THE Borno State Commandant of the National Drug Law Enforcement Agency (NDLEA), Mr. Ona Ogilegwu, recently alerted the nation to the growing problem of drug abuse and addiction in the states 28 Internally Displaced Persons (IDPs) Camps. The situation, as painted by the NDLEA boss, is a time bomb that may have grave implications for the lives of the IDPs and security in the state after the Boko Haram insurgency.
Ogilegwu said the command had already commenced an aggressive enlightenment campaign in the state to check the problem. A number of persons were also said to have been arrested in the camps for dealing in substances such as cannabis sativa.
This warning on the growing use of illicit drugs in Borno State IDPs is a call for help which all genuine stakeholders must answer to avert its dire consequences. The relevant authorities must check the growing abuse of drugs in the state.
Drug abuse is a serious problem which government at all levels and other stakeholders at home and abroad must address. The sheer number of Internally Displayed Persons (IDPs) Camps in Borno State alone, which has been put at 28, is enough to send alarm signals. The NDLEA has said that none of these camps is spared this drug problem.
But, drug abuse is not limited to the IDP Camps in Borno State alone. It has become a big problem in Nigeria and globally. The United Nations (UN) Office on Drugs and Crime (UNODC) has revealed that about 200 million people worldwide are using illicit drugs such as cocaine, heroin, cannabis sativa, hallucinogens, opiates and sedative hypnotics. It has been further revealed that the $61 billion annual market in Afghan opiates is funding insurgency and global terrorism. In West Africa, drug addiction, money laundering, political instability and general insecurity are made worse by the global cocaine trade, put at a princely sum of $85 billion.
From the above data, it is easy to see the connection between drug abuse and global terrorism and insecurity. In the North-East region of Nigeria, the Boko Haram insurgency can be held to be immediately responsible for the upsurge in drug abuse and addiction. The conducive conditions for the malaise are particularly endemic in the North-East.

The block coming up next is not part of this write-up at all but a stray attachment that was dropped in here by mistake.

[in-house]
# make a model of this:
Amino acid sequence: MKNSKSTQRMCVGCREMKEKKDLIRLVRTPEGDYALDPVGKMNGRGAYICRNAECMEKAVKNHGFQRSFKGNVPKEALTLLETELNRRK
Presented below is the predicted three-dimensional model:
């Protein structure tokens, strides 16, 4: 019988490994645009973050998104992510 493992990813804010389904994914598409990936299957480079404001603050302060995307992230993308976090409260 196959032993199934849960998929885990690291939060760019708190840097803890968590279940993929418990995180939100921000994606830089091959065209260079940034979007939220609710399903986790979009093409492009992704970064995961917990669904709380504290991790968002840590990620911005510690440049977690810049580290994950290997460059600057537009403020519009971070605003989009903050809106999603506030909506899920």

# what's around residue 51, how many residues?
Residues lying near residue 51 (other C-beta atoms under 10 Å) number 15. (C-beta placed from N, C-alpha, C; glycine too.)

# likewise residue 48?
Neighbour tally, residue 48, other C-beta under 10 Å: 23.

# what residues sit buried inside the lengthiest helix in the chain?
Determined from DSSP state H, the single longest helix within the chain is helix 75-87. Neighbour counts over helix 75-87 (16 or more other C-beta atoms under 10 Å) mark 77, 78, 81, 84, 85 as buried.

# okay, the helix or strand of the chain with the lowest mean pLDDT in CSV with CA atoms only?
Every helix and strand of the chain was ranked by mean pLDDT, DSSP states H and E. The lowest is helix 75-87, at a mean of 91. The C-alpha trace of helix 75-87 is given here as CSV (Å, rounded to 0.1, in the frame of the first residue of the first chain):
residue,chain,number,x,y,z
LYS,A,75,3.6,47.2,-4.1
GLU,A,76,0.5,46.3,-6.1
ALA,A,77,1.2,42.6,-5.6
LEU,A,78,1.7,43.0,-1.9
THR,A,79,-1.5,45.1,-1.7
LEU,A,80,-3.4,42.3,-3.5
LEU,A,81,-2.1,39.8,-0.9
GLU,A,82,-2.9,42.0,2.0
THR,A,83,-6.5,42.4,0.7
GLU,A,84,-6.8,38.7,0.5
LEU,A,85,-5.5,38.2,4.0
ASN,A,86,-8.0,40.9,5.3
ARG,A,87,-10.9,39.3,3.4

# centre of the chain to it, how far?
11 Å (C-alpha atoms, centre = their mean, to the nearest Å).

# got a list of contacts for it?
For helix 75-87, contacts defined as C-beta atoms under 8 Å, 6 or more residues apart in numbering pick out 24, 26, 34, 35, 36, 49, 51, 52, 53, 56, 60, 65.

Dangerous drugs are widely available and some of them, very cheap and easy to procure. When the high profile drugs are not readily available and affordable, some addicts resort to inhaling gum and drinking certain cough syrups. And, the effect is just as potent, if not more potent than what they get with the hard drugs.
So, it is a big problem that we have on our hands. Long after the Boko Haram insurgency is over, Nigeria may find itself dealing with persons who became drug addicts in their attempts to take drugs to help relieve the trauma visited on them by insurgents.
As a first step, however, government should address the pressing problems of the IDPs. People forced out of their natural environments and comfort zones already face a number of psychological and physical problems. In the case of the Borno IDPs, many of them are still caught in the trauma of losing loved ones and entire families in the most harrowing circumstances. They need special care and attention.
Apart from food, medicines, shelter, clothing and a generally conducive environment, most of these IDPs, especially those who have become addicted to drugs, need drug addiction and trauma experts to help them manage their huge burdens. As a country, we have to worry about these IDPs and do everything to restore them to regular life outside the camps.
The resources required for the effective care and complete rehabilitation of these people are clearly beyond the purview of the states and Federal Government. That is why we appeal for even more support from the international community, relevant donor agencies and all well meaning Nigerians. A recent stakeholders summit put the figure required to rehabilitate the North-East at over $100 billion. What is presently available is a far cry from this.
However, it is of much importance that even the present resources are well managed. Though the government and its agencies, especially the National Emergency Management Agency (NEMA) appear to be doing their best, a lot more can be done and should be done.
Before the IDPs can safely return to their homes, a lot of resources must be expended. We cannot run away from this reality. Physical infrastructure has to be provided, including homes, hospitals and most especially, schools.
Security is paramount in all of these. Police and other internal security agencies have to re-establish their presence in all the communities affected by the Boko Haram insurgency. It is only when these places are safe and seen to be safe that the IDPs can move back to their ancestral homes and occupations.
We charge the government and the military to redouble their efforts and bring the insurgency in the North-East to an end so that the task of returning the IDPs to their communities and normal lives can begin in earnest.